3. Officer Matthew Slawson, Jerry
and Gabriela Rocha.
4. Board member and founder Jack
Messerlian and Mayor Pat Furey.
5. Donna and Councilmember Geoff
6. Councilmember Mike Griffiths and
7. Board chair Hank Parker and
Captain Jon Megeff.
PHOTOS BY STEPHANIE CARTOZIAN
8. Elisabeth Swardstrom and Emmett
9. Officer Matthew Slawson demonstrates
the drone donated by the
Torrance Police Foundation.
10. Diamond Level Sponsor Tim
Rogers and Mayor Pat Furey.
11. Diamond Level Sponsor Tim
Rogers with Kristen Matsuda and
former Police Chief Mark Matsuda.
12. Captain Jon Megeff and Board
Member and Platinum Level Sponsor
18 Peninsula • November 2017
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22 Peninsula • November 2017
Roma Mistry put the
Peninsula Education Foundation
on a solid footing
during her two term
by David Mendez
Despite her two-term presidency of the Peninsula Education Foundation’s
Board of Trustees, Roma Mistry doesn’t think what she’s
done merits much consideration, compared to the community of
volunteers that she lives among
“I’ve lived on the hill for 22 years…people seem to be involved in so
many wonderful organizations, giving back to the community,” Mistry said.
“I don’t think what I’ve done is anything unique beyond what other people
have given back.”
But during her two years as PEF’s President, Mistry saw two consecutive
executive directors move on in quick succession, and helped stabilize the
foundation to continue its mission of supporting the Palos Verdes Peninsula
Unified School District.
“We have a great community, principals and teachers who care, and volunteers
who come together to keep our schools successful,” Mistry said.
“We’re ensuring our kids have the tools they need to be successful.”
The former child welfare attorney for Los Angeles County has lived on
the hill with her husband Sameer since 1995. The two met when they were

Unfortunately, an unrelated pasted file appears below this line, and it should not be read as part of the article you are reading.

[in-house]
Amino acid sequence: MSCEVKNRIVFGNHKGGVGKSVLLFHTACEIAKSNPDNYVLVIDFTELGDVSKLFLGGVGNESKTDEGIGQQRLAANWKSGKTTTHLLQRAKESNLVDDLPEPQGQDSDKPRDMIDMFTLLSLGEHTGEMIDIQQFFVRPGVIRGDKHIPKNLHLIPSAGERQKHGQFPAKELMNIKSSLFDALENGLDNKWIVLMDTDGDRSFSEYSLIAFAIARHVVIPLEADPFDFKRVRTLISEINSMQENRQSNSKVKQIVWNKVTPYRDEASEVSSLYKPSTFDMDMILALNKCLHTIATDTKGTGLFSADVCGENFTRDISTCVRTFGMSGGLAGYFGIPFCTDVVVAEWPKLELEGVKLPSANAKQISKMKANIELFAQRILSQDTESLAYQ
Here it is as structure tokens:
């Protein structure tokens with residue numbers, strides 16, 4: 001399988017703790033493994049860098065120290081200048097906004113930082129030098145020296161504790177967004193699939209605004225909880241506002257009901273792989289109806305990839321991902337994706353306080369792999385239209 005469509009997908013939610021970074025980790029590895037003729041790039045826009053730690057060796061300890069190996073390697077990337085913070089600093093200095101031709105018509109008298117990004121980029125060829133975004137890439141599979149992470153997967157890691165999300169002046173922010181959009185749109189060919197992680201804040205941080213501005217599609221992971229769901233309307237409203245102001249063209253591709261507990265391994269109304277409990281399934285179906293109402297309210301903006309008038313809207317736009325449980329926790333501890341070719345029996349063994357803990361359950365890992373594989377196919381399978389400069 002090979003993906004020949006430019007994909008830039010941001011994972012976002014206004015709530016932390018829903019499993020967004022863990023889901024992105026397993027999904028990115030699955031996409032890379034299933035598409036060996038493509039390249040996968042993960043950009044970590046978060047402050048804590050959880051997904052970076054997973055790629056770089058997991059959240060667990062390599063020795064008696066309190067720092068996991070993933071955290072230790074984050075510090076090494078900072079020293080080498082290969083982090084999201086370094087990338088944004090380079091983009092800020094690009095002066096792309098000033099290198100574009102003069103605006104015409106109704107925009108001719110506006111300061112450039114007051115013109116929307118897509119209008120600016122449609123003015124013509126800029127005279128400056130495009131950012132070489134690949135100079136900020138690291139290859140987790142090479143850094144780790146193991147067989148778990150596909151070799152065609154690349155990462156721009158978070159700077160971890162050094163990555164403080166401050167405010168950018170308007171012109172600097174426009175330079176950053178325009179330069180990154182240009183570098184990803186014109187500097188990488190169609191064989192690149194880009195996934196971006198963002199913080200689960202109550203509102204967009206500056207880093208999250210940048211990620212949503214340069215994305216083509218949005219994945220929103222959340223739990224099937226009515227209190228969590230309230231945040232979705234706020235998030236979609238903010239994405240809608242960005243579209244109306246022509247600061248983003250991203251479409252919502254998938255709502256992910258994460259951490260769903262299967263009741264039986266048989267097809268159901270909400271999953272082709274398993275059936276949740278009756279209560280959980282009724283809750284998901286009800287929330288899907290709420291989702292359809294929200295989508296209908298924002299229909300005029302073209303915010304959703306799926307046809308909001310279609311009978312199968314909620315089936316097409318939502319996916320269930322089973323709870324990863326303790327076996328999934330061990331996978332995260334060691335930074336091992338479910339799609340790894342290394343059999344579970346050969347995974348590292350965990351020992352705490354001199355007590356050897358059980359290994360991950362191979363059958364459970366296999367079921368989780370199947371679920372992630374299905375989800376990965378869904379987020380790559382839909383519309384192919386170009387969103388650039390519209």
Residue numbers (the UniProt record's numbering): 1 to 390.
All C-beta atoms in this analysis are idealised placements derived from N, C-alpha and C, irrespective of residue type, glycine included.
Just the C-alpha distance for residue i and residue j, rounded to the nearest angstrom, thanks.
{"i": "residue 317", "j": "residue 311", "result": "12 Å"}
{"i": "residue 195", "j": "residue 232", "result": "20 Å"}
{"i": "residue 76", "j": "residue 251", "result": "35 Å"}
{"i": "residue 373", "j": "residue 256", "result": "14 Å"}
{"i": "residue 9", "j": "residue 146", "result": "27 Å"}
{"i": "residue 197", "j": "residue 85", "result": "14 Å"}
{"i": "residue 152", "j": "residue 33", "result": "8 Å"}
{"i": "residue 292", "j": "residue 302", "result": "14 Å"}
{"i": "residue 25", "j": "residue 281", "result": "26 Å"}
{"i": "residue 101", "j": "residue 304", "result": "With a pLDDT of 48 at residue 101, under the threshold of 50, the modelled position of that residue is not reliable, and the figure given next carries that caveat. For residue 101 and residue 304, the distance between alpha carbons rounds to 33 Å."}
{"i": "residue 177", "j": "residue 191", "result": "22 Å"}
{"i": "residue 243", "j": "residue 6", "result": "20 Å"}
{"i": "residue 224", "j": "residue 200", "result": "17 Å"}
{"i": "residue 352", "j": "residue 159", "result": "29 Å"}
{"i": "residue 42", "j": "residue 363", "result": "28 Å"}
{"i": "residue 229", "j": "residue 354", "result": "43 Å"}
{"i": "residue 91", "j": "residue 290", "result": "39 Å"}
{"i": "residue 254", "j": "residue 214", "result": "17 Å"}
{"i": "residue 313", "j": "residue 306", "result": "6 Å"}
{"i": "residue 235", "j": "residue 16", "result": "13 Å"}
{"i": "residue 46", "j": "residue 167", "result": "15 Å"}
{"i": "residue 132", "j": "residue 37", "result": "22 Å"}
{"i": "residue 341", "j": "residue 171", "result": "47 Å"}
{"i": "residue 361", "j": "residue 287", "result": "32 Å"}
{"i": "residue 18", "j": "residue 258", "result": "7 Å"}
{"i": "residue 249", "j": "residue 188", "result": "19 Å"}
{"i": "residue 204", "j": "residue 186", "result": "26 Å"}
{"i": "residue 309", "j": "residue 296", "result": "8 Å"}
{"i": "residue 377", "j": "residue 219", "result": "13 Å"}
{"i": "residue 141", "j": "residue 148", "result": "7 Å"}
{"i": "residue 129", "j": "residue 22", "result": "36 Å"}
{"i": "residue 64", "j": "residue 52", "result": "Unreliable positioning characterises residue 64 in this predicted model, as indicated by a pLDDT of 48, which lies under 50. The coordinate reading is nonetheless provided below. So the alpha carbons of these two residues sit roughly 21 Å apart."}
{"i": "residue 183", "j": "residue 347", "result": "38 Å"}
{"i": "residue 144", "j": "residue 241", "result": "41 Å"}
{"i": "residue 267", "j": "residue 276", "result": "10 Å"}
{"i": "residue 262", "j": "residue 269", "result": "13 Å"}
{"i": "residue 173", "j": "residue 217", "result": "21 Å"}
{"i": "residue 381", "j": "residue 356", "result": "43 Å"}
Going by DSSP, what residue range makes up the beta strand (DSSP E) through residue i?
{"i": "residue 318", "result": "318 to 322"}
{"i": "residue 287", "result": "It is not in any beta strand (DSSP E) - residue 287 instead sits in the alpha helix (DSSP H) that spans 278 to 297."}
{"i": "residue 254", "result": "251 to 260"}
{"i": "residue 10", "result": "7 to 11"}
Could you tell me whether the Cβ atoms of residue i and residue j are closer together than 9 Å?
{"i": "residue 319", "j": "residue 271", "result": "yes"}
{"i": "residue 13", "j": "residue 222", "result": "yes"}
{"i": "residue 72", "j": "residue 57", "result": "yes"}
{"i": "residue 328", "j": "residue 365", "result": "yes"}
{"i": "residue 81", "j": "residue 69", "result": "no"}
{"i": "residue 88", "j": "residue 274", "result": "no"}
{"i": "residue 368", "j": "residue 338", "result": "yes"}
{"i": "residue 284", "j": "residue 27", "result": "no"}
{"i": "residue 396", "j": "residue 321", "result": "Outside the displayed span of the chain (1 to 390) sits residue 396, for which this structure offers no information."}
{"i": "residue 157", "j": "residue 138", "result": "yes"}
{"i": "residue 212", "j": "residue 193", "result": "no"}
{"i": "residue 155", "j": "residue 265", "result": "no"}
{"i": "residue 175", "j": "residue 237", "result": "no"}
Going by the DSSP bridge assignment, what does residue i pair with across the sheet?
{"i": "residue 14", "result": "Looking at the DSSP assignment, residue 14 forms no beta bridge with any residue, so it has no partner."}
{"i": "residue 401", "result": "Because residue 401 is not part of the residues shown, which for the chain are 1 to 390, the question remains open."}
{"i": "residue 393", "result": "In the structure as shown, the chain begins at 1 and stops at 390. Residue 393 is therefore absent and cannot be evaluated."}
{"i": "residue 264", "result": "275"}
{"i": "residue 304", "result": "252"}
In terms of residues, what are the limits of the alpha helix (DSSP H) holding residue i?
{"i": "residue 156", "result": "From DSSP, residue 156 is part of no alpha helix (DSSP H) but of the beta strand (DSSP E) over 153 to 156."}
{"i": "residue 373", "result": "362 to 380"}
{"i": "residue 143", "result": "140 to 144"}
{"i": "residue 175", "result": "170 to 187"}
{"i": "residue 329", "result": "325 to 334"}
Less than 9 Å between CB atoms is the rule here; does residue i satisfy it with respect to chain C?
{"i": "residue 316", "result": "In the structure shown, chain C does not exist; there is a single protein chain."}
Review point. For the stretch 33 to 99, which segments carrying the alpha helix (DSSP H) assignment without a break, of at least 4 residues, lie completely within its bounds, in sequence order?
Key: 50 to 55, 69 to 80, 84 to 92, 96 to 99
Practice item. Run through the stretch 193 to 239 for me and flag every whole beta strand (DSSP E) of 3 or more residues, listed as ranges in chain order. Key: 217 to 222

working on their postgraduate studies; Roma was at Pepperdine Law
School, while Sameer was studying medicine at USC.
They first moved to the South Bay after they were married, when he accepted
a residency at Harbor-UCLA Medical Center, and lived in Redondo
“We would drive around, and I had never heard of PV before,” Mistry
said. “I remember thinking it would be awesome if we could live there,
and as a young couple, the timing was right — we saved and bought a
house before we had kids.”
The two, she recalls, were the youngest on their block when they moved
in. Roma was 27, Sameer was 30. They fell in love with their new neighborhood.
“We were young, no kids, working hard, and we knew we wanted to live
there, where the schools were great,” Mistry said.
Former two-term Education Foundation president Roma Mistry.
Photo by David Fairchild
November 2017 • Peninsula 23
Their son Dilan was born four years later; their daughter Shefali three
years after him.
When their children were ready to go to school, their parents decided to
send them to public school, rather than take advantage of any nearby private
“It’s about being part of your local community; I went to LA Unified
schools,” Mistry said. “I think public schools have a lot to offer, especially
in the community we’re in. It’s a no brainer.”
Mistry started her support for the Peninsula Education Foundation as a
donor. She was still practicing law at the time, while volunteering at her
“Eventually, I became aware of the funding issues, and how our schools
are funded,” Mistry said.
In terms of per-pupil funding, the Palos Verdes Peninsula School District
is among the lowest-funded school districts in the state. The bulk of its
budget comes from the state’s Local Control Funding Formula. As of the